But there is something even more 'clocksmithy' about this clock of William Munford's, something I don't think I've seen more than once or twice before. His dial centre is riveted to the chapter ring, which in turn is riveted to a surround (the four corners held together by a thin joining strip, but in a single casting). In other words there is no continuous dial sheet as such. Nothing is holding the dial together but the rivets fastening one piece to the next to the next. Not good engineering, not regular 'clockmaking' practice, but good clocksmithing - and the proof that it works is that it still holds together over two hundred years later.
In general southern dial sheets were solid, northern ones often of 'cartwheel' design, but William Munford has used no dial sheet at all, just those sections of dial sheet (a centre, a chapter ring and a perimeter) which he needed to hold everything together. The result is flimsy, for the surround (corner) casting is thin and relies on its grip on the somewhat thicker chapter ring for strength. So William Munford is cutting corners, but there's more to it than that. Not only is this eccentric dial further proof of his individual 'craftsmanship', but he must have cast that surround himself, or had it specially cast, as it is not regular practice and such things cannot have been available to purchase.
All this is unusual enough, but what to my mind makes this clock even more entertaining, is that by chance an article appeared in Clocks Magazine a while ago about another longcase clock by this very maker, written by Ian Beilby and published in the issues of November and December of 2002 and January of 2003. Ian has been kind enough to loan me a couple of his photographs to use here for comparison. The movement of that clock appears to be absolutely ordinary, just like those made by hundreds of other rural clockmakers throughout the land. For that clock William must have bought in standard castings!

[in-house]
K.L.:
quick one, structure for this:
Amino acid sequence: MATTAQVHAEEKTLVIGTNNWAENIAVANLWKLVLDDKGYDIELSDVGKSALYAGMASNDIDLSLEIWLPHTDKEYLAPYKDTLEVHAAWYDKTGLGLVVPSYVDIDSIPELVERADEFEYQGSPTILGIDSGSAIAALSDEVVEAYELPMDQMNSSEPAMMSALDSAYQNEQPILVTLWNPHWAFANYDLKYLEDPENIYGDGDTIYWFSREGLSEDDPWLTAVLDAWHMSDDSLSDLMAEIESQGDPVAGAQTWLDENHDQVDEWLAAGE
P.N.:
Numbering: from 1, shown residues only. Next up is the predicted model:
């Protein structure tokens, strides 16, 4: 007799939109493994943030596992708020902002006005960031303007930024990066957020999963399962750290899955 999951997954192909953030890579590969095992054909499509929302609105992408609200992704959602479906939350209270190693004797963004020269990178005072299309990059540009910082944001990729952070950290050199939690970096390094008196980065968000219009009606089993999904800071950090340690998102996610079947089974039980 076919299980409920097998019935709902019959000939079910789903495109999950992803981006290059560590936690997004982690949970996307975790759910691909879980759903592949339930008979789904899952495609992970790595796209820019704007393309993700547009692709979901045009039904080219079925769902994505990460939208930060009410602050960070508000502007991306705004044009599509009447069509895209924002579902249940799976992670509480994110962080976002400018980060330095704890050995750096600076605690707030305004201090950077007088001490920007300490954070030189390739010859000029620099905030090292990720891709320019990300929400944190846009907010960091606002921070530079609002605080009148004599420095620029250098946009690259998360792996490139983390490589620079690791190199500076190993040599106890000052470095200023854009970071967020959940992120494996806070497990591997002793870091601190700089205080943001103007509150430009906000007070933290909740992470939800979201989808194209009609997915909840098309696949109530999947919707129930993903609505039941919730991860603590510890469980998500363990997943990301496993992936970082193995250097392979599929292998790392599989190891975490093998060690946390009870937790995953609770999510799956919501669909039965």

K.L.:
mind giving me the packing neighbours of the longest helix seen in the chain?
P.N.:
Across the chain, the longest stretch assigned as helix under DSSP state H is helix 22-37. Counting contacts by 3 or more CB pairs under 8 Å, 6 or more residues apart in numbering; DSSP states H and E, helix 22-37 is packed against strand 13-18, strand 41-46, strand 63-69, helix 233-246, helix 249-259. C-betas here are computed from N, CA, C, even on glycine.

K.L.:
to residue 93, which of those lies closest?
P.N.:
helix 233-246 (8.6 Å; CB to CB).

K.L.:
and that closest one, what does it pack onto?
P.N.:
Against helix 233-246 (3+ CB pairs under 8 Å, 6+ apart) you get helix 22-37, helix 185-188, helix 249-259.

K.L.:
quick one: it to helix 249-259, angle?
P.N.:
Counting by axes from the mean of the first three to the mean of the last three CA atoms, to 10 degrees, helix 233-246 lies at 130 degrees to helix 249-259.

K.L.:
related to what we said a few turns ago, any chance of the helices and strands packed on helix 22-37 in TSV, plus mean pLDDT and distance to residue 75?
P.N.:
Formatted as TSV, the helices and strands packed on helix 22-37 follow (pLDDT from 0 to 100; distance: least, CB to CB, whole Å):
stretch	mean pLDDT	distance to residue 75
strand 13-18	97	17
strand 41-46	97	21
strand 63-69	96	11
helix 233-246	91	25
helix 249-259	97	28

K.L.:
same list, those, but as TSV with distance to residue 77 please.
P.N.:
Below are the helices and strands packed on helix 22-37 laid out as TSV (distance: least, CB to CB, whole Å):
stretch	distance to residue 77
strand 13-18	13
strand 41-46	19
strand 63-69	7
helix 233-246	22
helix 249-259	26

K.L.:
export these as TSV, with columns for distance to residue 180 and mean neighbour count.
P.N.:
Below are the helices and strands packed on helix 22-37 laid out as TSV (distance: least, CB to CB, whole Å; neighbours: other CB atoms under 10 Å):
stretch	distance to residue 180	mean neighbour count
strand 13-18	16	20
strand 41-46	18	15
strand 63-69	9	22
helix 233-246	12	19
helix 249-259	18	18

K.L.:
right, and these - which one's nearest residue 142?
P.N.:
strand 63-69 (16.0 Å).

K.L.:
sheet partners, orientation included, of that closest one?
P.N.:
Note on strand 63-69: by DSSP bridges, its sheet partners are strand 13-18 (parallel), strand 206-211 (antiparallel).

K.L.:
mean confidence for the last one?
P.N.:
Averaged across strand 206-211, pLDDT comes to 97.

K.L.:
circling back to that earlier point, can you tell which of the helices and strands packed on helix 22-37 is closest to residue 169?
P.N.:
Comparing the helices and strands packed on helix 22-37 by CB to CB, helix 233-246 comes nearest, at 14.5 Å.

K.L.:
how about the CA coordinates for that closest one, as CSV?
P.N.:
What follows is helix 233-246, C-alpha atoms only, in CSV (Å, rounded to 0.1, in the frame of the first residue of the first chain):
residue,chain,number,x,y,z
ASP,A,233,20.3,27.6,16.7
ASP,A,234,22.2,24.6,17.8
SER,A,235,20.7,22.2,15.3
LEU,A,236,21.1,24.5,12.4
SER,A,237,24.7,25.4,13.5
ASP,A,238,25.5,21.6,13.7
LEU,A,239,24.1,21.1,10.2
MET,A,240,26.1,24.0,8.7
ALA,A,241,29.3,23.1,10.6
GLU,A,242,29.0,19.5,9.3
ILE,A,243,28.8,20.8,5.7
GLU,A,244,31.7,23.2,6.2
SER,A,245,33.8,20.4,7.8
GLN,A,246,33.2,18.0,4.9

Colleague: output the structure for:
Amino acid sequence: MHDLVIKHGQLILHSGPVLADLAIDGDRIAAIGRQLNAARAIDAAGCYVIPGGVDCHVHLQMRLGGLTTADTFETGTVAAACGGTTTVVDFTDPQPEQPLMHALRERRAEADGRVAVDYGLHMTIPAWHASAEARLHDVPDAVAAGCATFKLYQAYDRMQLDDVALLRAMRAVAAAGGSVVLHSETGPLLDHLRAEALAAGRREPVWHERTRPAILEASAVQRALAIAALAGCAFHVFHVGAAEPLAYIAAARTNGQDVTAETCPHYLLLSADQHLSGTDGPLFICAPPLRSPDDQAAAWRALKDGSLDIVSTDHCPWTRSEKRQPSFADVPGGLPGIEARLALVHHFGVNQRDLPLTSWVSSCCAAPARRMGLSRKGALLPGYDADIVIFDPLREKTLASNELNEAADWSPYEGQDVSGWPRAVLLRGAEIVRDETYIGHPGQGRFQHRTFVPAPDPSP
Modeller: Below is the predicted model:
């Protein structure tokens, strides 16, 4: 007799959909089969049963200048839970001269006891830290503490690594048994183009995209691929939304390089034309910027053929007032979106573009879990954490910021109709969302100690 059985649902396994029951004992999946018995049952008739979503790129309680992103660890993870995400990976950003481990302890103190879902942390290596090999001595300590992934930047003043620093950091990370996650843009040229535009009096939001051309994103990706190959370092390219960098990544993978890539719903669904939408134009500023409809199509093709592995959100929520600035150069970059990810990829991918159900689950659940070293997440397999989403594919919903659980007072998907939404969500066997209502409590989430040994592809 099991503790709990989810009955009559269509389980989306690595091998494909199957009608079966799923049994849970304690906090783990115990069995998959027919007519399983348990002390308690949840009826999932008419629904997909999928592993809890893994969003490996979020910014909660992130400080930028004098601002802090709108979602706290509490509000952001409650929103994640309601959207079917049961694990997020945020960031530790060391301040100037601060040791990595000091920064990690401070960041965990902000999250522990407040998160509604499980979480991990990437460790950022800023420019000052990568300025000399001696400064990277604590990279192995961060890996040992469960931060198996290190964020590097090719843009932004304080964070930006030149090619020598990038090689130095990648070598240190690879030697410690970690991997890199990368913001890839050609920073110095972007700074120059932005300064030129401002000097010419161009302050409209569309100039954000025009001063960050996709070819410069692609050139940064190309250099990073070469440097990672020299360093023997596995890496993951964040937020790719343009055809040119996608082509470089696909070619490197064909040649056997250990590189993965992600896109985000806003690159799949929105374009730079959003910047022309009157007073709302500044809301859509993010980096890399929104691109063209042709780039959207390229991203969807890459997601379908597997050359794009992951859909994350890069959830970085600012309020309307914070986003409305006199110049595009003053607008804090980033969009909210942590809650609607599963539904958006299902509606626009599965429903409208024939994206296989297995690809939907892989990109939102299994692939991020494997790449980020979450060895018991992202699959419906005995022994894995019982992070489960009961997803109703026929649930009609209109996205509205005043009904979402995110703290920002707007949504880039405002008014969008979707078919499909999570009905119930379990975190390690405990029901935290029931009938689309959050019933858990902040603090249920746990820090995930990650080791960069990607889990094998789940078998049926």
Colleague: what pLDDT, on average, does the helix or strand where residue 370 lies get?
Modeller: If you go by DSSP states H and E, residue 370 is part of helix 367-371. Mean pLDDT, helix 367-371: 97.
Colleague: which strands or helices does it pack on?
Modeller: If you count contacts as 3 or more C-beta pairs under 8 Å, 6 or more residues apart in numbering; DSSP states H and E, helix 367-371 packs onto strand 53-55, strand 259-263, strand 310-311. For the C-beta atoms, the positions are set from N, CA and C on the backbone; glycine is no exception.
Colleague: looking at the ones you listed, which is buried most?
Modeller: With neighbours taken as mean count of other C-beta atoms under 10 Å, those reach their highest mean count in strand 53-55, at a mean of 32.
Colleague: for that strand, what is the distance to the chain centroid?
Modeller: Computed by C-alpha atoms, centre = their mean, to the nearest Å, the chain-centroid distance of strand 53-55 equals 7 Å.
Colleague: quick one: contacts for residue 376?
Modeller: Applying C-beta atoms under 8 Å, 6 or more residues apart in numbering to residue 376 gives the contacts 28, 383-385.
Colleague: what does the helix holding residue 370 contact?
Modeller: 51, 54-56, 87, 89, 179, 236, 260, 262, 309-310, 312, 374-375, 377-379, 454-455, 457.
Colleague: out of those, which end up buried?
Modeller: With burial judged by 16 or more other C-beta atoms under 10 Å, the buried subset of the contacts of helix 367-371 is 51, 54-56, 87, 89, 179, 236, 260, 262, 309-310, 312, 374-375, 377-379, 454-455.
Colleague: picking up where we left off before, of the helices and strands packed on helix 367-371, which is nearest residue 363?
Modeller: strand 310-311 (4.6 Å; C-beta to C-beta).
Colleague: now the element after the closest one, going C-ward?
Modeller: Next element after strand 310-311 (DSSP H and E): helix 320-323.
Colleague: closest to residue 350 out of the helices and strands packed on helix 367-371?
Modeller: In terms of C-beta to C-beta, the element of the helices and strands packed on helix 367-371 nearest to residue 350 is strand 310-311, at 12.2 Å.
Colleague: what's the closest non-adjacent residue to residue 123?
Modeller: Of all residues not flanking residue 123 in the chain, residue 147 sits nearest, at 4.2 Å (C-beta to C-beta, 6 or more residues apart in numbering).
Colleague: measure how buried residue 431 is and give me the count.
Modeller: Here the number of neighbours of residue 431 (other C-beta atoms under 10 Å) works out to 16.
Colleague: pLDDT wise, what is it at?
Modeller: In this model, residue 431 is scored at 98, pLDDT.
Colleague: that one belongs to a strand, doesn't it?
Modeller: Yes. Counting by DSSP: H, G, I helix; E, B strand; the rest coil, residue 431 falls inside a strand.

It's all very strange. Did he find it was too much trouble to make his own castings and forgings? Was it just easier to buy in standard parts, cast by a brassfounder and that didn't have casting faults in them? It certainly cannot have been cheaper to buy them in. But maybe if he was busy, and had not time to make his own ....? Or perhaps he cast his own plates in his earlier days he was struggling, and opted to buy them in later when he was well established or less cost-conscious.
We never know the answer to half the questions which face us in pursuit of our obsession with old clocks. That's probably what keeps it interesting. But at least our study of their work throws up a constant new batch of questions for us to keep asking. These old clockmakers (or even clocksmiths) didn't bother to write down what to them was just everyday stuff. If they are looking down at us from 'up there', they must be splitting their sides. They could never have dreamed that two hundred years on a sad bunch of obsessives would be scratching their heads in pondering over what might just have been a Monday morning job done through the haze of a hangover brought on by too much church wine.
Copyright © 2013 Brian Loomes